In years gone by, when someone began to show signs of getting older, such as arthritis or issues with memory, it would have been a simple decision for many family members; this person would likely have been transferred to what used to be known as an ‘old folks’ home.’

However, as time has progressed, care home places have become limited and are often only accessible to those with severe or enduring health conditions. This has led to many people in their senior years being able to age in place, which means growing old in their own homes with the help of carers and family.

So, why is aging in place becoming more common, and how does it help with wellbeing?

Keeping the Routine

Keeping the Routine

Do you or your family members like getting up at 4 am to feed the birds in your garden?

Having a routine in place is common for people in general, let alone older people, and by allowing them to remain in their homes, these routines can be kept.

The benefits here are obvious; the person remains in control of what they do during the day and can plan tasks like cooking and cleaning in their own time. If, of course, they need help with daily chores in their home, this can be obtained by looking at home care sites like

Keeping In Touch With Friends

Keeping In Touch With Friends

Loneliness is a hidden epidemic among older people. Many of them cannot leave their homes due to soreness and stiffness, as well as other issues that could be linked to memory.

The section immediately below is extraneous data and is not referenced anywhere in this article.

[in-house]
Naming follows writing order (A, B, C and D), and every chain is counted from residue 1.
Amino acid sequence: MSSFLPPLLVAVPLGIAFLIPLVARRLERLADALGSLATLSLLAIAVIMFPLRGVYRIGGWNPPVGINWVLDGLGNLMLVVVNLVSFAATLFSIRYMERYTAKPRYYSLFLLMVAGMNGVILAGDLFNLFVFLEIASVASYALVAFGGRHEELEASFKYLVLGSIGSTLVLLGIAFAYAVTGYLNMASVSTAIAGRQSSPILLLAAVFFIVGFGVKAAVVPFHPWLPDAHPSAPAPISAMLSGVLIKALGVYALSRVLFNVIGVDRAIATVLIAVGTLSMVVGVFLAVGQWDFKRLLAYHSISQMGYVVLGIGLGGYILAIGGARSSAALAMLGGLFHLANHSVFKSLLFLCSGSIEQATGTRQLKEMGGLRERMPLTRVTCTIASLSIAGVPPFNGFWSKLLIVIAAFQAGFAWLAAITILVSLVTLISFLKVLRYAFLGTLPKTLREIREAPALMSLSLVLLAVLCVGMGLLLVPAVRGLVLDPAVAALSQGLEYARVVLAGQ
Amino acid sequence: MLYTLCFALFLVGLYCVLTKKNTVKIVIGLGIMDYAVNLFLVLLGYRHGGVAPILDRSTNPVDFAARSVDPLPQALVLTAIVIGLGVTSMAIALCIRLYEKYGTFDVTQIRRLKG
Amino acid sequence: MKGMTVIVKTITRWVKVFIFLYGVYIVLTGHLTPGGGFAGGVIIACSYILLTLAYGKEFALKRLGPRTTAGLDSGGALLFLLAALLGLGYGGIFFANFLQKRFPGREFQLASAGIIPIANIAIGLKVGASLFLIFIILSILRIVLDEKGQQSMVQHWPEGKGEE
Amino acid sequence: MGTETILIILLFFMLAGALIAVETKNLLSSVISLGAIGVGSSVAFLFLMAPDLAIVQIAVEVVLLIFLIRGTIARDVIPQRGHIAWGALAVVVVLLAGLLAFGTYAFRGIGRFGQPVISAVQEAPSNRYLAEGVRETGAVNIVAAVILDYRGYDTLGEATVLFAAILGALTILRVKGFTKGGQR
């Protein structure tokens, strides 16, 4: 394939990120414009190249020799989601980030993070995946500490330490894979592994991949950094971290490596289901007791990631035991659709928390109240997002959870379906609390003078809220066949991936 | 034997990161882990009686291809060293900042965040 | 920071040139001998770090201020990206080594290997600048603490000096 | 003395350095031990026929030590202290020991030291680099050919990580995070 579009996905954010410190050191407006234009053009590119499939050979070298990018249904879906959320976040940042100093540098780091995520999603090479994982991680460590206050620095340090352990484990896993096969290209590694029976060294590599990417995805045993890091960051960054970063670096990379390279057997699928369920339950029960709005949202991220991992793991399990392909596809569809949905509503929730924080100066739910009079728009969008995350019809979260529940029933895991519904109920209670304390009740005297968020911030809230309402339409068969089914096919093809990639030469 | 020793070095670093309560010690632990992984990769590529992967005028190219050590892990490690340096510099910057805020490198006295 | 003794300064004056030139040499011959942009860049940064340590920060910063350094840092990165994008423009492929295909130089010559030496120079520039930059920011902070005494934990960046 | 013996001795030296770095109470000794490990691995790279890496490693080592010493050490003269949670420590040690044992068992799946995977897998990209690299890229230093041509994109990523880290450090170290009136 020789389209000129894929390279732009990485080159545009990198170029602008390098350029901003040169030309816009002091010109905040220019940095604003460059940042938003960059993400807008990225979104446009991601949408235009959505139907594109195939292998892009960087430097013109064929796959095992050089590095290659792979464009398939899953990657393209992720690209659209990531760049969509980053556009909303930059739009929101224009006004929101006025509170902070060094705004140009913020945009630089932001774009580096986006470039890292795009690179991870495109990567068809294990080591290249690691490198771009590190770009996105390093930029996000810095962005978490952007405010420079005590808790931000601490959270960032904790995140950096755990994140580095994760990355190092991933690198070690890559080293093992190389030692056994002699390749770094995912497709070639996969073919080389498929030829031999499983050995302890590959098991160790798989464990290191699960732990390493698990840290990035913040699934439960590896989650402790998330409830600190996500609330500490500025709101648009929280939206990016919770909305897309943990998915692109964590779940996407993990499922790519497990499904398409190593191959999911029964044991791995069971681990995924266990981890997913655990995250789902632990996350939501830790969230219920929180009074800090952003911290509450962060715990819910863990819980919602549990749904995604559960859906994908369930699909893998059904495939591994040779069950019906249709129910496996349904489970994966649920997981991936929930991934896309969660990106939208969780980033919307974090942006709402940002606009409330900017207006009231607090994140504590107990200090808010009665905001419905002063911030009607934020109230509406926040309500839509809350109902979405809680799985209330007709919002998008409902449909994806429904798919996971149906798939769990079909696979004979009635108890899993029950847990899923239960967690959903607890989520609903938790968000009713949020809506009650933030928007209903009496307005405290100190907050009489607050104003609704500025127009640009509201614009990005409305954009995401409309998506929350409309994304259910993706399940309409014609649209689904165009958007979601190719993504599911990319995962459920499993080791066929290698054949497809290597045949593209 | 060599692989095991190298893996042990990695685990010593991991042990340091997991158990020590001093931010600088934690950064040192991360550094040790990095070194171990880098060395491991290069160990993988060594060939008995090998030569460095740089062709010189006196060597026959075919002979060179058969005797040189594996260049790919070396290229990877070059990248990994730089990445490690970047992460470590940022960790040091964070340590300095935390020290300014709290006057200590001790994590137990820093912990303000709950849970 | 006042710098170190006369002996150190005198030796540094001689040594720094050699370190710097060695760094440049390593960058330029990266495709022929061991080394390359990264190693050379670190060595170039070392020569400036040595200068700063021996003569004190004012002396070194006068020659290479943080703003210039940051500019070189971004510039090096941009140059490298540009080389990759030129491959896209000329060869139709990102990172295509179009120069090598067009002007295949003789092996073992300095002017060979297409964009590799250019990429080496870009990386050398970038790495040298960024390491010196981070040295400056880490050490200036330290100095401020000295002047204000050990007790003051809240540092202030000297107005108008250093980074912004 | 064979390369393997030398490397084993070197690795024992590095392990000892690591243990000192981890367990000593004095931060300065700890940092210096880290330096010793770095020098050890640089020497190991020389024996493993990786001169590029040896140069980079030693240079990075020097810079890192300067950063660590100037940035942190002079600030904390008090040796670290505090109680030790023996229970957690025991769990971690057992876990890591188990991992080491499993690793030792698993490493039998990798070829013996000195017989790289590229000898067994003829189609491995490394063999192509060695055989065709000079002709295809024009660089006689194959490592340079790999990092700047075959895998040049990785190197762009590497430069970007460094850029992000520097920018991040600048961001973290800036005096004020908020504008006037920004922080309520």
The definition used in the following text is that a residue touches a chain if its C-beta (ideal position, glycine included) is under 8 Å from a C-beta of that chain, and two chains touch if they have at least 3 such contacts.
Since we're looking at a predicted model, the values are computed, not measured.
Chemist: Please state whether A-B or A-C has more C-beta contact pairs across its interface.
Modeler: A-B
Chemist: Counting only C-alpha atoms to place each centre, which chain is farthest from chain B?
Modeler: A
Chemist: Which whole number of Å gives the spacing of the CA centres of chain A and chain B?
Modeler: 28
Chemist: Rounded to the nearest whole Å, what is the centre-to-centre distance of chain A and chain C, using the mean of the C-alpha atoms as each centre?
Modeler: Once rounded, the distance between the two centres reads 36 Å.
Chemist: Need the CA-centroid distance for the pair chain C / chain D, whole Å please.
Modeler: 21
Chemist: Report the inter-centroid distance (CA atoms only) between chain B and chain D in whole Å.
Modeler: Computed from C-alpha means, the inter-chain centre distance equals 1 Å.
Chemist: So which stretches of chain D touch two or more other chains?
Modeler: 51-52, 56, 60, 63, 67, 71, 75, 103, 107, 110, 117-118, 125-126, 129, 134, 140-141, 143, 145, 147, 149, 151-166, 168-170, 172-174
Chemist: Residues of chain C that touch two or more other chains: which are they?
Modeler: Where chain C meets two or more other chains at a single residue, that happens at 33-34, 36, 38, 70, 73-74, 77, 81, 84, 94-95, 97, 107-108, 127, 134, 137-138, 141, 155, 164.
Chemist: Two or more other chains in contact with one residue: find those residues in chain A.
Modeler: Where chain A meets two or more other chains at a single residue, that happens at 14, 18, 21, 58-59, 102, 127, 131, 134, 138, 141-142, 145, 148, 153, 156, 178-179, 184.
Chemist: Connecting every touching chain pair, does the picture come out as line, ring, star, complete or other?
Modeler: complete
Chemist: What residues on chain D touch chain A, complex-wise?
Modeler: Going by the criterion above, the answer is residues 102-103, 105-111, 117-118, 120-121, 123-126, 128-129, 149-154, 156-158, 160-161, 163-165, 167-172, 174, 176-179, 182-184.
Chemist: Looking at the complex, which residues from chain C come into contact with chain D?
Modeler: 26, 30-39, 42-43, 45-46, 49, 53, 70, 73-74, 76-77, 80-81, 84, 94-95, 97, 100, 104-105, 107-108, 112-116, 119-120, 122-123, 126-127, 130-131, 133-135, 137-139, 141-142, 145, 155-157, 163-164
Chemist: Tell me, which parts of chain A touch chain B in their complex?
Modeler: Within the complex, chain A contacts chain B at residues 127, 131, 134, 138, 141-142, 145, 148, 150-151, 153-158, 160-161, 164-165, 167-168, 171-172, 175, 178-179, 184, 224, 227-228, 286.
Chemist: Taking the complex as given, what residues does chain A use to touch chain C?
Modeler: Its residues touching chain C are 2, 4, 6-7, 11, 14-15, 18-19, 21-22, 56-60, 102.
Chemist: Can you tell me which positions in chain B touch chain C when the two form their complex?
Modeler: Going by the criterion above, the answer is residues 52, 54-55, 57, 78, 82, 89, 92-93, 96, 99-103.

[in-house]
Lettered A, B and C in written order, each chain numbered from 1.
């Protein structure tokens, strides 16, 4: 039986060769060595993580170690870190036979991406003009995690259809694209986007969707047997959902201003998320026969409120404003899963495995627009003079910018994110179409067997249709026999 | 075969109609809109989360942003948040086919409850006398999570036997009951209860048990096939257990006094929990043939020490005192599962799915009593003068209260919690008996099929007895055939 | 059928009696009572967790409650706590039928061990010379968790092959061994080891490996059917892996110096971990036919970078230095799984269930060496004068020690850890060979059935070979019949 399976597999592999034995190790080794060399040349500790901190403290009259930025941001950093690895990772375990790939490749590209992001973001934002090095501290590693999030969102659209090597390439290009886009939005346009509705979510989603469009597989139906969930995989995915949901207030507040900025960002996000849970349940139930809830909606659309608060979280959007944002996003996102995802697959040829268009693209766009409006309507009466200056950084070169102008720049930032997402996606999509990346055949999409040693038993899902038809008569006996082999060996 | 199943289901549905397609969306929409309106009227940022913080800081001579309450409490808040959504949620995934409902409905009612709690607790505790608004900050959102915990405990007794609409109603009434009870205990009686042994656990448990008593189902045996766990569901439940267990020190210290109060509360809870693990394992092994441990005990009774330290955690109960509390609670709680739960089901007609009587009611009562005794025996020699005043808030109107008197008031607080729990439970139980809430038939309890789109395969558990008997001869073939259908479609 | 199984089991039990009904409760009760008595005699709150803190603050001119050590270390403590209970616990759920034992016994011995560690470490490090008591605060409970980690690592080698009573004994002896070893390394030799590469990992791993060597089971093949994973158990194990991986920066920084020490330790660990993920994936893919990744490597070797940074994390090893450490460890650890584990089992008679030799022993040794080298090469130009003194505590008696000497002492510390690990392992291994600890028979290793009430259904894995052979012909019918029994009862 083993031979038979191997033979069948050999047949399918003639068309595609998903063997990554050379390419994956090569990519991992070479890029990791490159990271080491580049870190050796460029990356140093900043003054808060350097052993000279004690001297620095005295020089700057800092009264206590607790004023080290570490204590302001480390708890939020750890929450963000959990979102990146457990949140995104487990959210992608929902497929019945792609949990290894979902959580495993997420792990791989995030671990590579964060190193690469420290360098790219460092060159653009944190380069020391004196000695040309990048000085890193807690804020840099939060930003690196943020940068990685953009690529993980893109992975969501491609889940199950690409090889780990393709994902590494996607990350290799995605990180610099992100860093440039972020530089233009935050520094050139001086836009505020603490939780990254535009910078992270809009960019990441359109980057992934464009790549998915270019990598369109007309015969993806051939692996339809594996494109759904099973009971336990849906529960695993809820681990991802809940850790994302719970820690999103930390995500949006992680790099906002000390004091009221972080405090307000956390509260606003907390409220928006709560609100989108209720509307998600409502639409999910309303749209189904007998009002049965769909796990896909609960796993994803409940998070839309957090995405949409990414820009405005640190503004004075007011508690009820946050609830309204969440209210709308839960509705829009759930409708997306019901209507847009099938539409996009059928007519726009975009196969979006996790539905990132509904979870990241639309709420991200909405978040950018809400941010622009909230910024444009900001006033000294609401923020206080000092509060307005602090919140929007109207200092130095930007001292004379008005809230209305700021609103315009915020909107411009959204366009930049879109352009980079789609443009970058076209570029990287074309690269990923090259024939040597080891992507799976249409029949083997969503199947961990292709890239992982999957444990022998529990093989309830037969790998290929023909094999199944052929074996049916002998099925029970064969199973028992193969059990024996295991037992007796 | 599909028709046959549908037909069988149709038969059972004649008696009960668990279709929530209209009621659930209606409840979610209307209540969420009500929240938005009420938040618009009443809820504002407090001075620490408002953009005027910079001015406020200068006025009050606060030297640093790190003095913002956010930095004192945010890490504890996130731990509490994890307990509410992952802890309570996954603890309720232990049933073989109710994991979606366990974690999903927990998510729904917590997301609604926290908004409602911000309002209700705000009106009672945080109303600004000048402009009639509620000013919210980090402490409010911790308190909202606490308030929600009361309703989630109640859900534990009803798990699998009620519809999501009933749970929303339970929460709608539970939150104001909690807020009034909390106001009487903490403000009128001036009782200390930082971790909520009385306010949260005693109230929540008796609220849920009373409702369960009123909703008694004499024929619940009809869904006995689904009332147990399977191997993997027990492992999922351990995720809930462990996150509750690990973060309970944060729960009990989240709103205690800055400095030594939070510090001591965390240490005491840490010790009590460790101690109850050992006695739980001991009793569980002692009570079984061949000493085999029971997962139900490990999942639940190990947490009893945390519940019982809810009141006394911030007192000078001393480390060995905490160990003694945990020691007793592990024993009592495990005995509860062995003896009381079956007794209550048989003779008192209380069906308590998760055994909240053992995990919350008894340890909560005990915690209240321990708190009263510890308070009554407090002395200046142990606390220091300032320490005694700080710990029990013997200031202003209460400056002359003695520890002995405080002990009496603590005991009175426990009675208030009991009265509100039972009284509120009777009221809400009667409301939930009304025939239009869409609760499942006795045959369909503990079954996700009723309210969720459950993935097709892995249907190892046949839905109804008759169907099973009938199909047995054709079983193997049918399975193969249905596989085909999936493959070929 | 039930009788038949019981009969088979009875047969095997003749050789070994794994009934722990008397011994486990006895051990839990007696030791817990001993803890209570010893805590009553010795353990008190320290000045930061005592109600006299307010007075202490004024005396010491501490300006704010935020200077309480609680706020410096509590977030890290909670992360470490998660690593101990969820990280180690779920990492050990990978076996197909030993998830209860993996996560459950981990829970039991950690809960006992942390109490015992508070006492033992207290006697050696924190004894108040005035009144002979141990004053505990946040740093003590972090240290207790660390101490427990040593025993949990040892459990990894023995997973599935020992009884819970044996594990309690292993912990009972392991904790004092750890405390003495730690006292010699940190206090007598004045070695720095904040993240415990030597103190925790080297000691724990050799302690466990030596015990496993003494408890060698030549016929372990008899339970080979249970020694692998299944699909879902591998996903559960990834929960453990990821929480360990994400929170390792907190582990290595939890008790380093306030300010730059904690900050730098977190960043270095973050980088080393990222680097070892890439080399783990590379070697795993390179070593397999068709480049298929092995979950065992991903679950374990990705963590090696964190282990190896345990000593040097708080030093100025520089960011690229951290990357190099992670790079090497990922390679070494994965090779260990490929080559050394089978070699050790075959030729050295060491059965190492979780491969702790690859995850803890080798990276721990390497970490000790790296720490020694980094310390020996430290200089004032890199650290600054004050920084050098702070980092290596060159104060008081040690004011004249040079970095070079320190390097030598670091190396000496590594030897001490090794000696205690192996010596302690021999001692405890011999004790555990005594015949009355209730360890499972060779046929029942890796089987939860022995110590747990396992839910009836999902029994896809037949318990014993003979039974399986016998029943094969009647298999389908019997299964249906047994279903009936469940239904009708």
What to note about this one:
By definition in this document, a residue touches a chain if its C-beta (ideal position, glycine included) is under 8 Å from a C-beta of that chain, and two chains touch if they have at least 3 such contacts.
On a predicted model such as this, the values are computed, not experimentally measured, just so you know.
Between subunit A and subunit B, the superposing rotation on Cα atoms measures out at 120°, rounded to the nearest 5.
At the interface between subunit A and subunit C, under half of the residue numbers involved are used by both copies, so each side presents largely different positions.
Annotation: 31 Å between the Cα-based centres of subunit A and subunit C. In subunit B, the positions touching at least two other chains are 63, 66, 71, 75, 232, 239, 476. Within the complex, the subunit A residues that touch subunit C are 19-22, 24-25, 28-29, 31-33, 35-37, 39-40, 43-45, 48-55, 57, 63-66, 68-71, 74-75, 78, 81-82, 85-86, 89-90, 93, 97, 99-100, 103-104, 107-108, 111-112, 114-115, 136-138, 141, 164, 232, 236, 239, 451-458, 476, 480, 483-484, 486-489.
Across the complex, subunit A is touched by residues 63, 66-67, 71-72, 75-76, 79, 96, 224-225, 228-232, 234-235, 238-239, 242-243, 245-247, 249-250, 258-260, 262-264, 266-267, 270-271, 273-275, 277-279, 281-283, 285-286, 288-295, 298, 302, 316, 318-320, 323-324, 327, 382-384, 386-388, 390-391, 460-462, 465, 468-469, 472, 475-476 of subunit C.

Offering people support to stay in their homes allows them to stay in touch with their friends, which, again, will help them to feel better and will prevent isolation, as well as mental health issues and cognitive decline.

Familiar Surroundings

Staying in a familiar setting is ideal for most people and if someone is older, moving to a care home can take months to adapt to, even if there are no degenerative conditions. Staying at home allows people to keep hold of items that they have had for years, as well as provide a sense of comfort relating to being in their home.

Indeed, research has shown that if someone has a memory-based illness like Alzheimer’s, relocating them can cause the ailment to become more severe, so, if possible, it is best to keep people in surroundings that they know and have worked hard to build up.


There are a few care homes across the world that will allow people to move into them with their beloved pets in tow. However, this is not as common as many would like it to be.

Having access to pets, whether they are a dog, a cat or even a budgie, can help tremendously with wellbeing, especially for those who are older and living alone. Pets can help with routine, and also provide a source of company, without judgement, both of which are crucial to good wellbeing.

So, if you or a loved one don’t want to say goodbye to Tiddles the cat, you should look into options for getting access to home care as soon as possible!

Zoe Harrison

Zoe Harrison, a Wellness Coach with a Master's degree in Health Psychology from UCLA, has been inspiring our readers since 2021. Her 15-year journey in lifestyle coaching, including a stint at a renowned wellness retreat, equips her to offer insights into holistic living. Her articles often reflect her belief in the power of mindfulness and balanced living. Zoe's passion for healthy living is evident in her practical and engaging articles. Outside her writing, she's an enthusiastic yogi and a promoter of community wellness programs.

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